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Photograph: HINA / Denis CERIĆ / POOL / mm

The member states of the Brdo-Brijuni Presidential Process, which gathered for a summit in Zagreb on Wednesday, agreed that in order to step up stability and security in Southeast Europe it was necessary to continue the US-EU transatlantic partnership and bring in new energy into the process of EU enlargement as well as into the process of Euro-Atlantic integration so that Europe could be "whole, free and peaceful," read a joint statement issued after the summit.

It was agreed that we need to continue to strengthen the transatlantic partnership between the United States and the EU to achieve stability, security and prosperity in Southeast Europe and we must bring in new energy into the EU enlargement process for candidate countries and into the process of transatlantic integration for countries that wish to join NATO, read the statement signed by the presidents of Croatia, Slovenia, Bosnia and Herzegovina, Montenegro, Macedonia, Serbia and Albania who met in the presence of the U.S. Vice President Joe Biden and European Council President Donald Tusk.

The EU and the US expressed their strong commitment to promoting and supporting these European and Euro-Atlantic integration processes of the Brdo-Brijuni Presidential Process member states, which will help realise the joint strategic vision of Europe as whole, free and peaceful.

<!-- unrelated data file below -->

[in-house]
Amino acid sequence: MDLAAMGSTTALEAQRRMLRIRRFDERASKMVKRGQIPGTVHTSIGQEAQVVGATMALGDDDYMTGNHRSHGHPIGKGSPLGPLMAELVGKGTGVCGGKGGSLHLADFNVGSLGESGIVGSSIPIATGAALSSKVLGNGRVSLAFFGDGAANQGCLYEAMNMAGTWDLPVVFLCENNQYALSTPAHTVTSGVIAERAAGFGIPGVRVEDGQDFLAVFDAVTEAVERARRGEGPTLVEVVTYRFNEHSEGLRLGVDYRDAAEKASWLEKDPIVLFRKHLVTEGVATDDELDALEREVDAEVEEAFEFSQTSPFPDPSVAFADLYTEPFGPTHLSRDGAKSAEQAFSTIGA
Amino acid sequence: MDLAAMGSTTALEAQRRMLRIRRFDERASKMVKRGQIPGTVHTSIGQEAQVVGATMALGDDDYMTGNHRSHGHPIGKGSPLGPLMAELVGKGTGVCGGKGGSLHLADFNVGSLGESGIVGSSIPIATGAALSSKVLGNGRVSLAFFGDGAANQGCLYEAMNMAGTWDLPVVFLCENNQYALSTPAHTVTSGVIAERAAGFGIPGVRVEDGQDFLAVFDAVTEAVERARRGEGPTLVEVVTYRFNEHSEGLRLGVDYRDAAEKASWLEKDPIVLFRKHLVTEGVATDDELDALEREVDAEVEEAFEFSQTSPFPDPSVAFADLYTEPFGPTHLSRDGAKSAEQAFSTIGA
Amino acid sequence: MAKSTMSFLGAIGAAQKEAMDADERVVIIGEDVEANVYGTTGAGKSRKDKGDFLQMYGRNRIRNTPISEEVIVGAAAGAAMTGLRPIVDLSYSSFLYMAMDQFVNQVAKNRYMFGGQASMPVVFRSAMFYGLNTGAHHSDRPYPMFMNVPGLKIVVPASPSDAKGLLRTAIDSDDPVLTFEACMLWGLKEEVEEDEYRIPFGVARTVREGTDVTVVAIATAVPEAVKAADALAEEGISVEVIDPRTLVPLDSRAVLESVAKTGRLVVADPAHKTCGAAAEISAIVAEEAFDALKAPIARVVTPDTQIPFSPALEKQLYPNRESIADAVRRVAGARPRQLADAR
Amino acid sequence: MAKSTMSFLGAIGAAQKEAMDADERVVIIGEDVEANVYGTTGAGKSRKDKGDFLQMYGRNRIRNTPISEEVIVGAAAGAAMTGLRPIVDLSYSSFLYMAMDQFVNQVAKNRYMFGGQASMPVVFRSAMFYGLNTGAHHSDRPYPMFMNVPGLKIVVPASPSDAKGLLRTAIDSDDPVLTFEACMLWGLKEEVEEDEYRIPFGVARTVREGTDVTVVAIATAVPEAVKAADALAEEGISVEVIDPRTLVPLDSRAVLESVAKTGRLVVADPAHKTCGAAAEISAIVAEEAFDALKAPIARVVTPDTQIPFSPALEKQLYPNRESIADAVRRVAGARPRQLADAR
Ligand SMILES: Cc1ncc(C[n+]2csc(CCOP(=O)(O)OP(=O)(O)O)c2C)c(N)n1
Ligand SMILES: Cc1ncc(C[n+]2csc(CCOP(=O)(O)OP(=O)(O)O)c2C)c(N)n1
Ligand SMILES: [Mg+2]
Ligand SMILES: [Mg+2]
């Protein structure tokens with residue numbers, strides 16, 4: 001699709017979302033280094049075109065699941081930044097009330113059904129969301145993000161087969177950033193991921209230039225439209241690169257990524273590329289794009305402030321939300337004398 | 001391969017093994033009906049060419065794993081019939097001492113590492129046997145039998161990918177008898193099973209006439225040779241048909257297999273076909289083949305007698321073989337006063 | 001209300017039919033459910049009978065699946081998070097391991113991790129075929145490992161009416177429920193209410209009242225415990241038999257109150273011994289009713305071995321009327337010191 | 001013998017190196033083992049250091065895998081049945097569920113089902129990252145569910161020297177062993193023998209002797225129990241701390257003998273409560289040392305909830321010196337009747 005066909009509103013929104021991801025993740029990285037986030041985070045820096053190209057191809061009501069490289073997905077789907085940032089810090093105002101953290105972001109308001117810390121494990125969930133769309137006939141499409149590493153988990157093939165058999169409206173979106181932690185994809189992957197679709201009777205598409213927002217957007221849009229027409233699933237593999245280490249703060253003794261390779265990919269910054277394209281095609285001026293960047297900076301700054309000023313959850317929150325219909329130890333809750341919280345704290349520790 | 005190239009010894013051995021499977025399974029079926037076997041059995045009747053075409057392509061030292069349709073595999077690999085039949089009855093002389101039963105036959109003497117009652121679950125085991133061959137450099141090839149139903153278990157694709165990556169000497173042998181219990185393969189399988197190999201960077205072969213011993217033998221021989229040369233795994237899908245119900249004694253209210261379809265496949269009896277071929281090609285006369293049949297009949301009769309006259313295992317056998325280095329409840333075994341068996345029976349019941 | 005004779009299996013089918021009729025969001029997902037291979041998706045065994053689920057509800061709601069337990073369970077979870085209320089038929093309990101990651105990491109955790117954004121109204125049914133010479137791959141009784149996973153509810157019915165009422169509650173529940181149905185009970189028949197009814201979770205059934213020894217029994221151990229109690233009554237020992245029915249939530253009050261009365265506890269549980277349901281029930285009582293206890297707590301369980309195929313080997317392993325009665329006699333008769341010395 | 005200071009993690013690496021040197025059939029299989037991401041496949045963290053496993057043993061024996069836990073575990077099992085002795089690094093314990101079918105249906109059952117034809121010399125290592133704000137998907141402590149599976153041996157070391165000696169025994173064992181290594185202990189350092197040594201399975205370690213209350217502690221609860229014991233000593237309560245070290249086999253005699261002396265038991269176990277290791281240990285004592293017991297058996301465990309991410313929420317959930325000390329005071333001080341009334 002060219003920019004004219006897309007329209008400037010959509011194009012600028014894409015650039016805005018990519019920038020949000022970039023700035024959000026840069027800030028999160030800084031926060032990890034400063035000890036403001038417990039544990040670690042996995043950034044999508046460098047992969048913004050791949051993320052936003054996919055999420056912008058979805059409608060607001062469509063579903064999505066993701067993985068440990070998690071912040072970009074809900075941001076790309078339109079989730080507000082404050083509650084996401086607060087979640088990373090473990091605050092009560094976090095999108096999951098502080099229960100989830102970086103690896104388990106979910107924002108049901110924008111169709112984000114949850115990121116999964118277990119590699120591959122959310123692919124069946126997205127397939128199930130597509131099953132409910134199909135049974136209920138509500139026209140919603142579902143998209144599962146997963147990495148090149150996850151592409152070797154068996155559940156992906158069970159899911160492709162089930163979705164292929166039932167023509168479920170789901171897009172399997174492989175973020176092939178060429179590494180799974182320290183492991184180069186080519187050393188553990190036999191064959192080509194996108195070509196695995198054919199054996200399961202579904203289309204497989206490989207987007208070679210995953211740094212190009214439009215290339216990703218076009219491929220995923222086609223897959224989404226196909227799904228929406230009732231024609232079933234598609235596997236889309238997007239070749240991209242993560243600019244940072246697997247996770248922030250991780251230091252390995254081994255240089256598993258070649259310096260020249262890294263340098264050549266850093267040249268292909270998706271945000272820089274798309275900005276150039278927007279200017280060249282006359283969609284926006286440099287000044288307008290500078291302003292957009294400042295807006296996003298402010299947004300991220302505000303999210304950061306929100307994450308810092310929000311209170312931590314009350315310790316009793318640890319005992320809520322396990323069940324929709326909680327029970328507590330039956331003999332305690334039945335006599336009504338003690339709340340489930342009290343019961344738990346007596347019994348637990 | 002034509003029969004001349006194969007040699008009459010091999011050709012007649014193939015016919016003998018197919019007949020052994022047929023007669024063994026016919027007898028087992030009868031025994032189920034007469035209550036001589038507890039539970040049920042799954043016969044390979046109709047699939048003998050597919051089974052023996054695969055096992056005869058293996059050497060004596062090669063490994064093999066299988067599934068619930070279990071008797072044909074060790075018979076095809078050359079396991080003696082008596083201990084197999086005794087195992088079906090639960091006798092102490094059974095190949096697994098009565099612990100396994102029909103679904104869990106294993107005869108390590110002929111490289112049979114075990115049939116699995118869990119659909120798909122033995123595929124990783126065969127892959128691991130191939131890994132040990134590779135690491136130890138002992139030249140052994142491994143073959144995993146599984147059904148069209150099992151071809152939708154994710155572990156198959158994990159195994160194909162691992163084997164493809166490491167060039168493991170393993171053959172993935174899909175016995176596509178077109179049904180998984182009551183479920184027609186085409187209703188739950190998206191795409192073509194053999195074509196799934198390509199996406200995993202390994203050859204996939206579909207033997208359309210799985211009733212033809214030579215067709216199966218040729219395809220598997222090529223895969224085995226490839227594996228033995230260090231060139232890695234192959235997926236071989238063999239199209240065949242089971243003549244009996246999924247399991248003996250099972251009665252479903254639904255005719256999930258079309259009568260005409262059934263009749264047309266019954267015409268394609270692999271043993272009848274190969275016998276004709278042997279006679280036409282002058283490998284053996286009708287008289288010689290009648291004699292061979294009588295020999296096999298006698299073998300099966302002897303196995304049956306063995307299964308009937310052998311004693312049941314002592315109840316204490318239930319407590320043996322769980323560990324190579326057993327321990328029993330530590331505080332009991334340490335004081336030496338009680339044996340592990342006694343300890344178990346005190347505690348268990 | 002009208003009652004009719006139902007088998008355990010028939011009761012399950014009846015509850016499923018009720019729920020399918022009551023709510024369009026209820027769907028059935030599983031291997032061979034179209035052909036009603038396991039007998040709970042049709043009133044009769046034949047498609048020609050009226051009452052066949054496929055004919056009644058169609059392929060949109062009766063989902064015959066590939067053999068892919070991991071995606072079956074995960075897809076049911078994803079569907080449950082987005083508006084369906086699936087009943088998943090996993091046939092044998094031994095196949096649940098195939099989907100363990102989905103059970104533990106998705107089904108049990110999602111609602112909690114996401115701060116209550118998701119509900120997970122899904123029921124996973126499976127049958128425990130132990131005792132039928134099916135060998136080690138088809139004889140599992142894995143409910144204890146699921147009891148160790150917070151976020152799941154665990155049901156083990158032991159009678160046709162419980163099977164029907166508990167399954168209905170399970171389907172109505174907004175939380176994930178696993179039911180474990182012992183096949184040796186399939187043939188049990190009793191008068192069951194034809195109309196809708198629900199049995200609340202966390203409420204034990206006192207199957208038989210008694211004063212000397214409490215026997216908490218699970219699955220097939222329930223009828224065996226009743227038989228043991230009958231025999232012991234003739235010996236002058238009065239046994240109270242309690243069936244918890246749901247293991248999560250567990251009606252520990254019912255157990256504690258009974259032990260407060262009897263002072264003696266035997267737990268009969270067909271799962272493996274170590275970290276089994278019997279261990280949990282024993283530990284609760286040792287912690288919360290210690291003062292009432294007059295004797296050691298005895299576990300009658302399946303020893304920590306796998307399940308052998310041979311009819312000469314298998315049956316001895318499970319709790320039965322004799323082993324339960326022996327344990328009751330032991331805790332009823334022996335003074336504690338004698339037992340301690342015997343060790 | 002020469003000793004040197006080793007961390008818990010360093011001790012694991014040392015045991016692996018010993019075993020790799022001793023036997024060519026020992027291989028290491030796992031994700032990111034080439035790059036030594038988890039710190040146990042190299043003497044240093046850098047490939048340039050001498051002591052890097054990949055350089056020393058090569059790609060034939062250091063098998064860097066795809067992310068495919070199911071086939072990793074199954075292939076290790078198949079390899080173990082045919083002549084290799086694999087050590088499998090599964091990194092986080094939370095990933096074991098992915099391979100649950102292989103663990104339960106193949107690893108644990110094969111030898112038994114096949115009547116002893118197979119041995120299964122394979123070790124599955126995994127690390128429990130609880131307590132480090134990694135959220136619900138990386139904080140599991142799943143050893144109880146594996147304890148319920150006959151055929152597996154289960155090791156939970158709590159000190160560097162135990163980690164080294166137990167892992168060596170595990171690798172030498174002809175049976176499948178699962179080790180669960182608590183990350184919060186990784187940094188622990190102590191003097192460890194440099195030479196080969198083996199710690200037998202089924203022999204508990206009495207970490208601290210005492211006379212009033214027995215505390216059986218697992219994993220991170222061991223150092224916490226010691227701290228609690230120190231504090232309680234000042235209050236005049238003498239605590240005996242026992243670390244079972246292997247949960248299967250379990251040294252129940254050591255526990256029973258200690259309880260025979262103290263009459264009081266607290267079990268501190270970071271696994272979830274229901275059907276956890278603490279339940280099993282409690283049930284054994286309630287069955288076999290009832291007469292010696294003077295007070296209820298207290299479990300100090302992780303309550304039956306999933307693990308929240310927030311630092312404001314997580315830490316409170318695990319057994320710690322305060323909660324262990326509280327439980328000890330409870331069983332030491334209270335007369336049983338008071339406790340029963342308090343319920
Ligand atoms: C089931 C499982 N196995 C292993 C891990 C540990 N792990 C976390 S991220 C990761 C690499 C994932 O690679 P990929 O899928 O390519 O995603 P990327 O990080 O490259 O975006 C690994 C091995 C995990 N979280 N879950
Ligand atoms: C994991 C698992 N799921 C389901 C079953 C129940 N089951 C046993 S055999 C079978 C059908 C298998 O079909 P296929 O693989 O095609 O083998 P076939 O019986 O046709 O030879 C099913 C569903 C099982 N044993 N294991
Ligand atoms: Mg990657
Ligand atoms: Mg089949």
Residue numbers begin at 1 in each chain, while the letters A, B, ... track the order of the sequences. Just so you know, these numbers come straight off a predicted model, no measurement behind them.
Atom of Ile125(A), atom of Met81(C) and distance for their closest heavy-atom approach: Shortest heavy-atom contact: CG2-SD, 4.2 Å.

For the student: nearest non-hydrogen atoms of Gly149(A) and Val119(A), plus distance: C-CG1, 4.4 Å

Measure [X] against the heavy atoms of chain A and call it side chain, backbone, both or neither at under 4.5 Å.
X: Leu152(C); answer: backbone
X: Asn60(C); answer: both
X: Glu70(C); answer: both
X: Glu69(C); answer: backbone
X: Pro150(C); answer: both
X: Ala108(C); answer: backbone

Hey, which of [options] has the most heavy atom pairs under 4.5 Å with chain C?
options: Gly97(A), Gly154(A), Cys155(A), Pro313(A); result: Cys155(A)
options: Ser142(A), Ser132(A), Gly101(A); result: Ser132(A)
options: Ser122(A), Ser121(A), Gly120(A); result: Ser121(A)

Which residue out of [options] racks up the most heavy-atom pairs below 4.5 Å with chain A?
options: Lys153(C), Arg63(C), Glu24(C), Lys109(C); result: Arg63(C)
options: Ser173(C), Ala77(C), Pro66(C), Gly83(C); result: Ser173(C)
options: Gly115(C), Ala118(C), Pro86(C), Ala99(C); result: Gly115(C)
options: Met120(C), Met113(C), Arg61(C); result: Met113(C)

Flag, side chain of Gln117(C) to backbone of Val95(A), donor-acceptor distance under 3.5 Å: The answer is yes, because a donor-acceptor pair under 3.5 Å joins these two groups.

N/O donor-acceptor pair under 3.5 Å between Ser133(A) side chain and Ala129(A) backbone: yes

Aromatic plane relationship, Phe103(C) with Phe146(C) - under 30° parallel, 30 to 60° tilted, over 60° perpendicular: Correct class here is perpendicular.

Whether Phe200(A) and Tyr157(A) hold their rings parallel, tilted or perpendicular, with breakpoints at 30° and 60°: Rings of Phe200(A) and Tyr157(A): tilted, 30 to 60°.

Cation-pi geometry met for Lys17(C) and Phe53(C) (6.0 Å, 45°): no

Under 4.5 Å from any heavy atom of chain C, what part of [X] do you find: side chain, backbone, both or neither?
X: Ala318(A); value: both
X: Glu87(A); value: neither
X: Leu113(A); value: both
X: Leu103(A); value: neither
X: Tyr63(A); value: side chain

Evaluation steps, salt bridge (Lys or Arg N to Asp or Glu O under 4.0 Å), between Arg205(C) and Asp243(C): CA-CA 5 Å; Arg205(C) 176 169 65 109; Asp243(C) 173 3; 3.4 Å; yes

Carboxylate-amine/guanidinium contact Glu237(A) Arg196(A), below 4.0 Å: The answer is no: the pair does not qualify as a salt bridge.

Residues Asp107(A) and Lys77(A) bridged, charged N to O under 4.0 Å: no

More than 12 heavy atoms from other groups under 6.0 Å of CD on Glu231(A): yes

Southeast European presidents have, in light of latest global events, talked about the global security situation and agreed that regular dialogue at the operational level between the United States, the EU and Southeast European countries was necessary to successfully fight global security challenges.

The current dramatic migrant crisis poses an unprecedented challenge from both the humanitarian and the security aspect and requires dialogue and agreement so as to better protect external EU borders and significantly cushion the migration pressure on countries exposed to it, the presidents said.

The SEE presidents used the summit to express their outrage at the brutality of terrorist attacks in Paris, Ankara, Sinai, Beirut and Bamako and called for efficient global measures aimed at solving the causes of radicalism, violent extremism and terrorism.

They called for broad international cooperation to fight those evils and for better coordination and exchange of information between police agencies.

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